After coming to terms with all of this new information I began to take a much more nuanced view about Muslims and the religion of Islam. Yes, there are many extremists out there who would not hesitate to kill innocent people, but these are a minority, when compared to the Middle East as a whole, so why is the US military occupying entire countries and killing many innocent people who have nothing to do with attacking innocent people? Then I began to read the work of James Bovard (specifically his book Terrorism and Tyranny), Noam Chomsky, William Blum and Chalmers Johnson. These books opened my eyes to even more facts. The fact that not all Muslims want to harm Americans. The fact that US foreign policy is often what drives these extremists, and just because someone follows the religion of Islam, this does not make them violent. The US government's foreign polices have more to do with economic and military interests than humanitarian interests. The speeches by US leaders have more to do with consoling a population than enlightening them, or is simply telling them what they want to hear, all the while continuing to operate in the same manner, despite public outcry, or making a few token changes just to console protesters, while leaving the primary abuses and problems unresolved and unfixed, where they ultimately return to business as usual once the media attention dies down. These are the facts that have shaped my political views for the last several years.
I have written at great length about many of these immoral foreign policy decisions and this irrational and factless hatred of Muslims as a whole.
Unfortunately, with these more moderate views, many extremists seem to take the infamous line of George W. Bush: “Either you are with us or you are with the terrorists.” This nonsensical and extremist position has been used as a highly unfair and inaccurate slur against myself by a few irrational atheist extremists, whose hated of Muslims and Islam appears to hinder any hope of rationality or polite discourse, as strawmen, personal attacks, and propaganda, rather than facts, become their weapons of choice since they have abandoned all rational thought.
When someone blindly accepts an ideology – any ideology – those beliefs begin to chip away at the person's humanity as all things become subservient to that ideology. It's happened with the Religious Right, it's happened with Russian Communism, it's happened with US foreign policy, and it's happened with the recent explosion of so-called Islamophobia.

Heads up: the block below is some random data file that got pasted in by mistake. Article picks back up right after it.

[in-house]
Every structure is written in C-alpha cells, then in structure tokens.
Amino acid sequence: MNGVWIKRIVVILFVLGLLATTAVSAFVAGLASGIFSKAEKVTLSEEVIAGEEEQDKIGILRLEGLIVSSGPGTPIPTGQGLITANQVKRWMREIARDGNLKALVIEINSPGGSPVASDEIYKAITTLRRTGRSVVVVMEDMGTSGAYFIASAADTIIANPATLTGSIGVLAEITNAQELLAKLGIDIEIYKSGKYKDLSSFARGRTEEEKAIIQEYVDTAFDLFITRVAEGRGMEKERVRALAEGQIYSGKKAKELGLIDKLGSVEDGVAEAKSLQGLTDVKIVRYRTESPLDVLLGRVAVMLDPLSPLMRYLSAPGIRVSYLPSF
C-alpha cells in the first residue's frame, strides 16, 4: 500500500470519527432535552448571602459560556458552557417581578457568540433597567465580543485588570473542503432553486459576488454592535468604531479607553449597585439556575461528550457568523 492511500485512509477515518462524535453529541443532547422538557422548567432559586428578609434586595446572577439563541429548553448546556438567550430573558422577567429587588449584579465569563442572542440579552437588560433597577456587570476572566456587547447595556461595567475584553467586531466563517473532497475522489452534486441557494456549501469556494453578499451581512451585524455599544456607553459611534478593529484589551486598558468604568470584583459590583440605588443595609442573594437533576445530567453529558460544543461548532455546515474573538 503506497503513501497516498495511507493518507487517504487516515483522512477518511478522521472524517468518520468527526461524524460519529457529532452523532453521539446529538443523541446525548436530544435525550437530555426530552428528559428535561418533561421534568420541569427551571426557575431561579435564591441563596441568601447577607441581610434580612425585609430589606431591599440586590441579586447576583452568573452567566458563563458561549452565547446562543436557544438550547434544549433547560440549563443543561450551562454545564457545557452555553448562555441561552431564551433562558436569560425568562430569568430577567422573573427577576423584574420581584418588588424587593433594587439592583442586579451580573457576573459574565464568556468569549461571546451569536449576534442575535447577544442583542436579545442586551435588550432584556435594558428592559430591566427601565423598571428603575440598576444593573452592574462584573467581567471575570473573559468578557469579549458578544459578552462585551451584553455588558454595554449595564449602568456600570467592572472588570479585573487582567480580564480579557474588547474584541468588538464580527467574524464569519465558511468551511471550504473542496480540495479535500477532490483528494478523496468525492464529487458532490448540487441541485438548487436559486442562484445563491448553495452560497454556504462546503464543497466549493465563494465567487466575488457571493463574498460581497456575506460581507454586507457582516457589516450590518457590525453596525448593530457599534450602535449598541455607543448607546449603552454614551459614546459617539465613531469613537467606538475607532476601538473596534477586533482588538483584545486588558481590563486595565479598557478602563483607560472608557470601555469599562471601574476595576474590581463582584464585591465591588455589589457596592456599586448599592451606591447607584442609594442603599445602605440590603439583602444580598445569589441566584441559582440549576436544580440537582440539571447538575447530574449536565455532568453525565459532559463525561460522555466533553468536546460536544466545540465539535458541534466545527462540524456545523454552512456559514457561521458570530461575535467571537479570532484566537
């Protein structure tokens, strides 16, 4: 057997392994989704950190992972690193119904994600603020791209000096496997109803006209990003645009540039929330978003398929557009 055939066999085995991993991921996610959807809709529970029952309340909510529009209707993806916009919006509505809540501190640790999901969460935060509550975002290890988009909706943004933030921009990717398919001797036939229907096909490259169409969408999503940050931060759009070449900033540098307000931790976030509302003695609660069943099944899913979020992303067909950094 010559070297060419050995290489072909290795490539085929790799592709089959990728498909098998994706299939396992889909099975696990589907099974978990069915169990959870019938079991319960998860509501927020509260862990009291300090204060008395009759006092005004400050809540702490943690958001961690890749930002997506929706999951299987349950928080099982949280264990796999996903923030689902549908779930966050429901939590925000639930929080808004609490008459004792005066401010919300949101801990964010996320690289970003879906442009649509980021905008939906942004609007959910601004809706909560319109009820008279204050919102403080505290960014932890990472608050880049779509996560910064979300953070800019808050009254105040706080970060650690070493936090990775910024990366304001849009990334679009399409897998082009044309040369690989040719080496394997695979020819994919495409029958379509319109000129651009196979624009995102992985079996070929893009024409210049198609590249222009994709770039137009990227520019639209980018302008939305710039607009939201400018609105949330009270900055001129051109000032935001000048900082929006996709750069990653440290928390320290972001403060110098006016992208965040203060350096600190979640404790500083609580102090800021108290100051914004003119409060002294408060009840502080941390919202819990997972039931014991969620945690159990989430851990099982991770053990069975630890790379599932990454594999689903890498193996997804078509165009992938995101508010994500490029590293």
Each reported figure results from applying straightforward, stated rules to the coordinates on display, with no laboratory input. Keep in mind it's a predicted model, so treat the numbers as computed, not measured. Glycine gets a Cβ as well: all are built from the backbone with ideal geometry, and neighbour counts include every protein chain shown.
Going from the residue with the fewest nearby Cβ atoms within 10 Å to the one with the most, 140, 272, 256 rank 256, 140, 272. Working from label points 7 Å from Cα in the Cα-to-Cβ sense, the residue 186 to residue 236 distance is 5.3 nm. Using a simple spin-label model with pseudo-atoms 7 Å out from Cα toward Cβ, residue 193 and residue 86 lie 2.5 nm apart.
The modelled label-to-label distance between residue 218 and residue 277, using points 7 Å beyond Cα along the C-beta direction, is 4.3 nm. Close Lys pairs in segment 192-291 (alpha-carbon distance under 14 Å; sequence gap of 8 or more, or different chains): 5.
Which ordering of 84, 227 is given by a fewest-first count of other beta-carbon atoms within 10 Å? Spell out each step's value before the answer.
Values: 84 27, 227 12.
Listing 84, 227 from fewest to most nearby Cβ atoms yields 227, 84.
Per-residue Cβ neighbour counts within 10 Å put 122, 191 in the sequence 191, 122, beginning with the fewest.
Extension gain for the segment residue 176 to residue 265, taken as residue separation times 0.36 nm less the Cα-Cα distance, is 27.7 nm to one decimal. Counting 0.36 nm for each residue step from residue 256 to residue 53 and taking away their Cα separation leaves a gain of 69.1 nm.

Innocent abortion doctors are murdered for the sake of an ideology, thousands imprisoned or killed, drone strikes terrorize and murder countless innocent men, women and children, the political process is hijacked by irrational Christian fundamentalists and the rights of pregnant women and homosexual persons are stripped away without a care in the world by these many ideologues.
One cannot lose his or her way by succumbing to any ideology. One must rely on human compassion, empathy, facts, and brute rationality to make decisions. Not blind ideological slogans or beliefs, which more often than not, leaves the innocent, the minorities, the most in need or the most vulnerable, exposed and trampled underfoot by those who would sacrifice their compassion for an idea or a belief. It is in this way, the New Atheists and those who parrot this black or white viewpoint have fallen victim to the very target of their rage. But nothing is just black and white. There are many shades of gray as well and one mustn't forget this. If you do, you're liable to lose your way like so many have, and even like the few atheists I've debated with over the drone war and US foreign policy in the last year.